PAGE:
• MIRAI 3D

3D technology for decision-making in complex congenital heart diseases

Dr. Norberto Berber & Dr. Ignacio Lugones


Hospital General de Niños Pedro de Elizalde - Buenos Aires, Argentina



Clinical cases


This report will analyse two highly complex and very similar cases of two paediatric patients with congenital heart disease.


Case report 1: Female patient aged 18 months and weighing 9kg with a diagnosis of pulmonary atresia plus ventricular septal defect, plus systemic pulmonary collateral arteries (MAPCAS) with absence of pulmonary branches.


1. Cardiac catheterisation and evaluation echocardiography


With clinical suspicion of congenital heart disease, an echocardiogram is performed at 2 months of age. With the echocardiographic diagnosis, it was decided to continue with cardiac catheterisation.


Conclusions:

◾ Large, non-restrictive ventricular septal defect with bidirectional shunt.

◾ Small foramen ovale with left-to-right shunt.

◾ Pulmonary atresia with VSD and major aorto-pulmonary collateral. The right lung has unifocal circulation and the left lung has multifocal circulation. They are very hypoplastic.

◾ Same pressure in aorta, right and left ventricle.


2. Surgery


At 4 months of age, she was taken to surgery with the intention of performing a systemic-pulmonary anastomosis that could not be performed due to the absence of the pulmonary trunk and its right and left branches. Closure and subsequent evaluation was therefore decided.


The patient was monitored by the cardiology service with strict control of oxygen saturation.


3. Computed tomography angiography


At nine months, a CT angiography was performed to assess the systemic-pulmonary collaterals and evaluate therapeutic possibilities: stent implantation or unifocalisation surgery.


4. Next steps


Currently, after re-evaluation of the patient after several months without visits due to the pandemic, decreased oxygen saturation levels were recorded (80% average).


The Cardiology and Cardiovascular Surgery Departments decided in a meeting the possible scenarios for the resolution of the case.


Case report 2: 6-month-old male patient diagnosed with pulmonary atresia with ventricular septal defect and aorto-pulmonary collateral arteries (MAPCAS).


1. Cardiac catheterisation and X-ray images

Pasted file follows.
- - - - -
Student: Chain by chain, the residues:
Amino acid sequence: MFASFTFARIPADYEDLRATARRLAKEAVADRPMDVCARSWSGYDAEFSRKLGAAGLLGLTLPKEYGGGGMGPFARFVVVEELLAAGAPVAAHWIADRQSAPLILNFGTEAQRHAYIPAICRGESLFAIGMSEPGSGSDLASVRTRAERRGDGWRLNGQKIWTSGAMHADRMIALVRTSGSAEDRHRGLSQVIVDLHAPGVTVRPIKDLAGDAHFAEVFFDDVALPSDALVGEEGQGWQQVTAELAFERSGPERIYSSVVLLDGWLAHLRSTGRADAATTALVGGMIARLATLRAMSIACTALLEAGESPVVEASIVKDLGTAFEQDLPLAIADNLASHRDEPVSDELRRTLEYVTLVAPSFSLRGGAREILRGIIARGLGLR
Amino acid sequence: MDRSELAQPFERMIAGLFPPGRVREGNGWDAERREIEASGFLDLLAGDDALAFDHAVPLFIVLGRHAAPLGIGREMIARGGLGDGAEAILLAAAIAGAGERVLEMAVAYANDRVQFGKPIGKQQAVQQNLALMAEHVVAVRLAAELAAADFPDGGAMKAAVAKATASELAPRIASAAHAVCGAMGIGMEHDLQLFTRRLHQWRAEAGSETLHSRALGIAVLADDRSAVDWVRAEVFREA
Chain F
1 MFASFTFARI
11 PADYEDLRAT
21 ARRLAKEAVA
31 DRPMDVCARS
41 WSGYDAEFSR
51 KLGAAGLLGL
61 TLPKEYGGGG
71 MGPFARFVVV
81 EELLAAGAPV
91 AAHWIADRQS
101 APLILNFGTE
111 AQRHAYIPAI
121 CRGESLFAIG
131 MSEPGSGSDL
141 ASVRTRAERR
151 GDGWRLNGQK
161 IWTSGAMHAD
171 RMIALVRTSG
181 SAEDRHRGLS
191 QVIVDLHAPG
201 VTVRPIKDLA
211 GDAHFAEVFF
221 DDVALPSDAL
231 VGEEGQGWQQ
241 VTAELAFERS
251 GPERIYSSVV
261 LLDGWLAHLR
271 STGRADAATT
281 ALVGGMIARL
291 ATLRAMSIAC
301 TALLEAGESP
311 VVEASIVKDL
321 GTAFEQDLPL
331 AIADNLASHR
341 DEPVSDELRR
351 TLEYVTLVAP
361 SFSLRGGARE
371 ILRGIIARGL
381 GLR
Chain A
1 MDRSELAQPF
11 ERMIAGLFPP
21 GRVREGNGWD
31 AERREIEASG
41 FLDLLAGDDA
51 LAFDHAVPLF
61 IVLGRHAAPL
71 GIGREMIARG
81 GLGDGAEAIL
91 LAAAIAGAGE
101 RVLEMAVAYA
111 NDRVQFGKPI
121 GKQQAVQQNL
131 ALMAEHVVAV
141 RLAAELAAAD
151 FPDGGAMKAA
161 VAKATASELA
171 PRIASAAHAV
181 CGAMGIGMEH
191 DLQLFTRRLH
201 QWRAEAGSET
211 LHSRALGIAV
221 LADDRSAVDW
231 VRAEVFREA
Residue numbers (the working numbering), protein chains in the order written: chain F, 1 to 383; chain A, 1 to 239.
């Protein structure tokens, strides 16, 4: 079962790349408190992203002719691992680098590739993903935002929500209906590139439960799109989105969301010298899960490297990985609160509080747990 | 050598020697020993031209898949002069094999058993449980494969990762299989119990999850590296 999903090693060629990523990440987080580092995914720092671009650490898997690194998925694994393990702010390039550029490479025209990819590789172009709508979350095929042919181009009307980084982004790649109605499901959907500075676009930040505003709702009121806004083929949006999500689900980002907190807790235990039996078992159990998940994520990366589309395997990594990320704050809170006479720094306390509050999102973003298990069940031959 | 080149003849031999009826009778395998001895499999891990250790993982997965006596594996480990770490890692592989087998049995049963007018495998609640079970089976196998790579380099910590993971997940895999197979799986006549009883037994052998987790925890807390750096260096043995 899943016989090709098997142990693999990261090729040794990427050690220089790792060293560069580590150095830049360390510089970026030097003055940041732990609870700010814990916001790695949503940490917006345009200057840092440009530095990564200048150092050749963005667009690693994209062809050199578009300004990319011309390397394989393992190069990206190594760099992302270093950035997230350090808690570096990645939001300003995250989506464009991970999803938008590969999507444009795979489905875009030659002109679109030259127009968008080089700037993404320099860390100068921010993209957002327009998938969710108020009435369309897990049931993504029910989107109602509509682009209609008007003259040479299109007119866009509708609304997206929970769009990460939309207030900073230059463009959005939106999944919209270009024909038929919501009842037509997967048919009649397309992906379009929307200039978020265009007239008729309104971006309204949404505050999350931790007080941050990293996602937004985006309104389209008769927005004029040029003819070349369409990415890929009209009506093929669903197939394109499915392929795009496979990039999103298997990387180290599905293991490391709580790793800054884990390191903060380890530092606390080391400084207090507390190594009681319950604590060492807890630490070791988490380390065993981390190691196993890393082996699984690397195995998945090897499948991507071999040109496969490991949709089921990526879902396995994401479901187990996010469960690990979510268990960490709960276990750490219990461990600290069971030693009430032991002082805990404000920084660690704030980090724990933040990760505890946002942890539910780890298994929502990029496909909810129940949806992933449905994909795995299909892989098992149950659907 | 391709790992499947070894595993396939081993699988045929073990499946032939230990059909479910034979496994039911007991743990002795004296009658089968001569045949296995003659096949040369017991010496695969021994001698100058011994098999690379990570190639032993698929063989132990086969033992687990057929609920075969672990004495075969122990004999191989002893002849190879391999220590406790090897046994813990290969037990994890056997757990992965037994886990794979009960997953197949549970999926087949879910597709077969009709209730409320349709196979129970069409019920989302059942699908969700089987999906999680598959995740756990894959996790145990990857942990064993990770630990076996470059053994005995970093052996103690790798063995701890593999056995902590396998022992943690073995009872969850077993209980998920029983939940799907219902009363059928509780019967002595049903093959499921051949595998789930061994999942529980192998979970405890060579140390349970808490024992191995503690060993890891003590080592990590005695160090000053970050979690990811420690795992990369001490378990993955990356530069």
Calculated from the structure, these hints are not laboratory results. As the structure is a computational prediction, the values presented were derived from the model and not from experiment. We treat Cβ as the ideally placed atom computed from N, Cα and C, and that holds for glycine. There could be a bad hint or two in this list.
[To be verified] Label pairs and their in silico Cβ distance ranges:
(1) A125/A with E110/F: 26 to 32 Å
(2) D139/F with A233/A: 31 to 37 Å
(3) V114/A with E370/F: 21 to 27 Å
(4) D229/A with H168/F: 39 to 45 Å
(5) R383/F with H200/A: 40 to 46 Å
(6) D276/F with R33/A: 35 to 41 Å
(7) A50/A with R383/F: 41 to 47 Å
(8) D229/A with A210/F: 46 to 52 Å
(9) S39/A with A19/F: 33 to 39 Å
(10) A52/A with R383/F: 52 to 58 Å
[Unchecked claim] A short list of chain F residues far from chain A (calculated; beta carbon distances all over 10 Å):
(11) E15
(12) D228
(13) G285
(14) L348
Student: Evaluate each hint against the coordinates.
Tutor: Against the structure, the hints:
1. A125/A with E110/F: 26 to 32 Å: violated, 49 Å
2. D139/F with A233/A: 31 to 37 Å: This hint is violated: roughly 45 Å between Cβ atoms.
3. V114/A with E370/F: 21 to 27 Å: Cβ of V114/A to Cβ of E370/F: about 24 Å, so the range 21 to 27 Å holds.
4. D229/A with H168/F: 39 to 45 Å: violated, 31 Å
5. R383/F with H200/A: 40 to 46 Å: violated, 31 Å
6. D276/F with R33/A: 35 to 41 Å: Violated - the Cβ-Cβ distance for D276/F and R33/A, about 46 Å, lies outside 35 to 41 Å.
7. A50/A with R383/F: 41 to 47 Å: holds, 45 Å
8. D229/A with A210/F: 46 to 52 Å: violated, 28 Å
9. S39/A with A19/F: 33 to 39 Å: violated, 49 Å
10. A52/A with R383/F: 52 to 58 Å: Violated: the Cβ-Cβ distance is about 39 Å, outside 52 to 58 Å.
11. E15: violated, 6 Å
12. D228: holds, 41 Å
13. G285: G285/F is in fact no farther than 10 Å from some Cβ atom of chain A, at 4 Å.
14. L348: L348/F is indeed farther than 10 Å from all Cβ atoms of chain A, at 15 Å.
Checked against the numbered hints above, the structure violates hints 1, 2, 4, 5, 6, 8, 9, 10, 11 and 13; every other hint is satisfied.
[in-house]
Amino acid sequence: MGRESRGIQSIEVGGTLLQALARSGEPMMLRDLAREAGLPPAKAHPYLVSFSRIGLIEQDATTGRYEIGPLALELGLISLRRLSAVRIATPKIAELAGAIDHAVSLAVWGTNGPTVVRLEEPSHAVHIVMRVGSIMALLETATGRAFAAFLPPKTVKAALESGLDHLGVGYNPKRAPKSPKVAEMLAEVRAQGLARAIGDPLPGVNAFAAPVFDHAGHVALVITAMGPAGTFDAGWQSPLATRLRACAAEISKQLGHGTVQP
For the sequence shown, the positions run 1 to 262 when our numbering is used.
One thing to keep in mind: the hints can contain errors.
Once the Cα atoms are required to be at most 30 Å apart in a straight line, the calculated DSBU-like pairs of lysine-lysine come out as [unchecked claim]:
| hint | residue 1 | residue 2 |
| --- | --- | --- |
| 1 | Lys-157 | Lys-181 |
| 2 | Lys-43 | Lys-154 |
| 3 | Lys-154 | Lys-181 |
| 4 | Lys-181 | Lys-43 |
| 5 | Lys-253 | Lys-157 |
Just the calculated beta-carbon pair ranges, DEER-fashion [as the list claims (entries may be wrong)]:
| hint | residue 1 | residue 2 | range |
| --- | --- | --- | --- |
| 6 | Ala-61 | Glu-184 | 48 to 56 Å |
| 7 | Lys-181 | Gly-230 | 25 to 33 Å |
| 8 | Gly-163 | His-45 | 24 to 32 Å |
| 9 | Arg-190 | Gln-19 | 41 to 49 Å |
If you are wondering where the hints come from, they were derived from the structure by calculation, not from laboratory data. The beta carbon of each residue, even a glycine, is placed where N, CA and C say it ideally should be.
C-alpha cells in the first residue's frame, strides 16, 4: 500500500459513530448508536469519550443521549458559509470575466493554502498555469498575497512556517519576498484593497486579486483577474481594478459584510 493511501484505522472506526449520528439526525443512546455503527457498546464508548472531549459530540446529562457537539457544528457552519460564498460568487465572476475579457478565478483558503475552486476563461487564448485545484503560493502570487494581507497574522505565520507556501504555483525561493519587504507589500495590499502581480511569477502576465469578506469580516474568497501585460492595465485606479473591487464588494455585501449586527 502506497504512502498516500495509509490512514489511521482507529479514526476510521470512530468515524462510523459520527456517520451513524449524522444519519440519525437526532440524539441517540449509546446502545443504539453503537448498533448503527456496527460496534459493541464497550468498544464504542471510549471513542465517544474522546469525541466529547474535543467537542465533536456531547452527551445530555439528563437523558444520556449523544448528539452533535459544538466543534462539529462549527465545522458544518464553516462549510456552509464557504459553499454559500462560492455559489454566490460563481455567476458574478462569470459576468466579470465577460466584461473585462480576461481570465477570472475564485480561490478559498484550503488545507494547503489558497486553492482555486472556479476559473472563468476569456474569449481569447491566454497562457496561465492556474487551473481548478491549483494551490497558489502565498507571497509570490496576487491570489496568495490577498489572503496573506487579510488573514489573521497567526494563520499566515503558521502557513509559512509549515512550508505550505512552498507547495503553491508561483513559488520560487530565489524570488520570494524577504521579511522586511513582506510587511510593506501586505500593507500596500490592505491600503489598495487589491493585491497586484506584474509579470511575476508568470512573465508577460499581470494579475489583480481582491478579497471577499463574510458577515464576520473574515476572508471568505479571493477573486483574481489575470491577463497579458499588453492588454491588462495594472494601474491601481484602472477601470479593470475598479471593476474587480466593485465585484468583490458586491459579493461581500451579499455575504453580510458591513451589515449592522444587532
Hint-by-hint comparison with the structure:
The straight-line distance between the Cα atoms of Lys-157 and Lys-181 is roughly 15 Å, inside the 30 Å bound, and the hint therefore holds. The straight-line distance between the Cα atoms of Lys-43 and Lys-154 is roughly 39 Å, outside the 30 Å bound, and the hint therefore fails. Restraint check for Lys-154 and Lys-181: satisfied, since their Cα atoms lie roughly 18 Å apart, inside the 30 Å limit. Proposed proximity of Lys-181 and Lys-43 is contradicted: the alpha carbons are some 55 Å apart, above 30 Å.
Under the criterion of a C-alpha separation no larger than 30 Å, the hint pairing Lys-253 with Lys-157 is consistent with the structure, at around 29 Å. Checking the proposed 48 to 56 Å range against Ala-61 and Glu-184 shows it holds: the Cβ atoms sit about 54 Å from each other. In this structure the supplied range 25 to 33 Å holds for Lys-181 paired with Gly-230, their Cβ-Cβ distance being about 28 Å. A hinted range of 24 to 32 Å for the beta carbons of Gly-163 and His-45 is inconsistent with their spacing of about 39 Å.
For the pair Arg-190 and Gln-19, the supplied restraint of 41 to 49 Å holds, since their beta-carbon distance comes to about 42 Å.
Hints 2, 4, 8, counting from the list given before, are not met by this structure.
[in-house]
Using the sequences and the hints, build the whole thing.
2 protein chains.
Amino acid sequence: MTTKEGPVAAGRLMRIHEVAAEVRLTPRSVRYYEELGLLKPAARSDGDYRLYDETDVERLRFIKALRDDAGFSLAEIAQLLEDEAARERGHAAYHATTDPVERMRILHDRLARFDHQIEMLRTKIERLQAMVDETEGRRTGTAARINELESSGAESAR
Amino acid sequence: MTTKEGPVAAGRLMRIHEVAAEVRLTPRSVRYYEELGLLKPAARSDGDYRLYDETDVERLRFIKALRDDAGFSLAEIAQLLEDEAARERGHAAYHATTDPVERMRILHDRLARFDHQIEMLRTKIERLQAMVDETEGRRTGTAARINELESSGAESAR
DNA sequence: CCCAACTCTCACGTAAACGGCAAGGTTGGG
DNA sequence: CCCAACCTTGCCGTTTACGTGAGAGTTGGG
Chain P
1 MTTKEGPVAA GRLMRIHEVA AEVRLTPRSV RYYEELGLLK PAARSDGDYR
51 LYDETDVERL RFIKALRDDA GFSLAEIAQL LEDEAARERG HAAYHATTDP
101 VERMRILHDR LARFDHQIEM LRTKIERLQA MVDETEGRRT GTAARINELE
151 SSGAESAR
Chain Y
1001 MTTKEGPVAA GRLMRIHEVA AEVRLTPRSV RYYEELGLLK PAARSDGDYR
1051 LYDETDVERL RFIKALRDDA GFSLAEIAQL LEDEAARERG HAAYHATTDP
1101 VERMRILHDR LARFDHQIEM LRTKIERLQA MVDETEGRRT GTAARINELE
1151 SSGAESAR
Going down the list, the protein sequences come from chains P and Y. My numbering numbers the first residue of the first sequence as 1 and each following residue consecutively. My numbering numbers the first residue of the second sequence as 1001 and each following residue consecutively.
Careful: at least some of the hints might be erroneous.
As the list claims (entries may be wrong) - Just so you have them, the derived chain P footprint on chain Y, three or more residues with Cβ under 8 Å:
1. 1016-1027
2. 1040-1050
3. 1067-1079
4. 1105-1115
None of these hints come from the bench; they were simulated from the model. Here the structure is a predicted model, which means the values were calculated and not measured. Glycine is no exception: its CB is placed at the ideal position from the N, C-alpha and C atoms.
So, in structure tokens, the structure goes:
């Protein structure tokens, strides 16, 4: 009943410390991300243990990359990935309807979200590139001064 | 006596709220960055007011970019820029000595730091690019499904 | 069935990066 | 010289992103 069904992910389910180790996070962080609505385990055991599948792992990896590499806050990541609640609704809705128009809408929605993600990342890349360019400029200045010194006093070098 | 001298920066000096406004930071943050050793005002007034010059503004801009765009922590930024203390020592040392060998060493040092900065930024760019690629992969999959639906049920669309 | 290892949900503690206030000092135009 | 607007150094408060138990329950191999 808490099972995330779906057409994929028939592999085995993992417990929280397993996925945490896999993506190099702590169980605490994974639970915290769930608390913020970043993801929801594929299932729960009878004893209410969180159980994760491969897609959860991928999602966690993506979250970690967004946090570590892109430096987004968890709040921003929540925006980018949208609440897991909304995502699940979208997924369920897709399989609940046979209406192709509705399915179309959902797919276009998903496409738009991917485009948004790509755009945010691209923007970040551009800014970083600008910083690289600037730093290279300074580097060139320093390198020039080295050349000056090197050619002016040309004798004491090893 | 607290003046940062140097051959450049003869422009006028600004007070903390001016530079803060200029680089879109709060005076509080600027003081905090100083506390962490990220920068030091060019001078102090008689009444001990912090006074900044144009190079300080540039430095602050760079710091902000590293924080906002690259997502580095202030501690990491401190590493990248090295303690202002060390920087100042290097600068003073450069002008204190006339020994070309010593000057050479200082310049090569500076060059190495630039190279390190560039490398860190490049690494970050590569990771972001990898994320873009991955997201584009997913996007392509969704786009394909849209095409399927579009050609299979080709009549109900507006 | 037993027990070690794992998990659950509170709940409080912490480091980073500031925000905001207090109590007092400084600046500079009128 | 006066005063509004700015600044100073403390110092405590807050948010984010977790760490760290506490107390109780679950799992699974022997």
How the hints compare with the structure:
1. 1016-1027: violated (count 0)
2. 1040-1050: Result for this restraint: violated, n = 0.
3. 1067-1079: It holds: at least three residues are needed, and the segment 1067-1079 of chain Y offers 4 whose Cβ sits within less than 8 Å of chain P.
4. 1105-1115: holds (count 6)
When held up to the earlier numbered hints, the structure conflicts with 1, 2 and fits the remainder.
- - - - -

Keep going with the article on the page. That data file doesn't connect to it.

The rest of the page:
Detection of pulmonary atresia with VSD, multifocal pulmonary circulation whose collaterals arise from the descending aorta and cardiomegaly.


2. Hospitalisation


Successive hospitalisations of the patient for respiratory problems.


3. Computed tomography angiography


◾ Measurement of the diameters of the collateral arteries and their location in space.

◾ Large subaortic VSD with aortic valve riding the septal defect.

◾ Detection of left aortic arch with incorrect outflows from the neck vessels .


4. Next step


Currently, after the diagnostic findings, the Cardiology and Cardiovascular Surgery service decide in athenaeum the possible scenarios for the resolution of the case.


Analysis of surgical possibilities and decisions


In order to thoroughly analyse the cases presented, they were discussed in an athenaeum with the participation of multiple specialists in the field.


The criticality of these cases implies a greater effort when it comes to making decisions and evaluating the different possibilities that patients have. Therefore, in order to have a better understanding of the complexity of the patients' anatomy and to be able to assess the feasibility of the possibilities proposed, three-dimensional reconstructions of each patient were requested, as well as a high-resolution 3D resin impression of case 1.


In case 1: The patient is currently under pharmacological treatment and is clinically stable, with a holistic murmur and peripheral pulses present and symmetrical.


Case 2: The patient is currently clinically stable with a continuous base murmur radiating to 4 foci and no cardiological treatment.


For these patients the scenarios analysed are as follows:


- A first scenario considers a surgical intervention. This type of corrective procedure would seem beneficial in principle, but one cannot ignore the fact that the patient would again be subjected to a thoracic opening, as well as involving not one but several successive interventions considering the risk involved, the probabilities of survival and the stress for the patient and her family.


- A second scenario is not to perform surgery but to promote the maintenance of the patient's health through palliative care until the patient demands it.


Given the delicate situation faced, it is also of utmost importance to be able to reassure families about the options that can be chosen and the possible scenarios once the decision has been made. 3D technologies also play an important role here, as they help to explain each situation more clearly.


"In the presence of complex cardiovascular pathologies that are difficult to resolve, 3D technologies provide the treating team with clarity in relation to the needs of each patient, enabling them to achieve diagnostic precision and to predict alternatives in advance. "


"We believe that the routine application of this type of technology is necessary to improve the quality of treatment for each individual patient, which would increase the probability of success in each case", says Dr. Norberto Berber.


For the time being, the possibilities have been evaluated in each of these patients, but given the complexity of the pathology and the probable complications in the short, medium and long term, the decision has not yet been taken and an informative meeting is awaited with the parents who will participate in this decision.


You may be interested in: "Tailor-made simulation in paediatric surgery: anomalous pulmonary venous drainage". Dr. Pedro Becker at the UC Christus Clinic (Chile), used 3D models to practice the corrective surgery on it and to be able to define the surgical approach.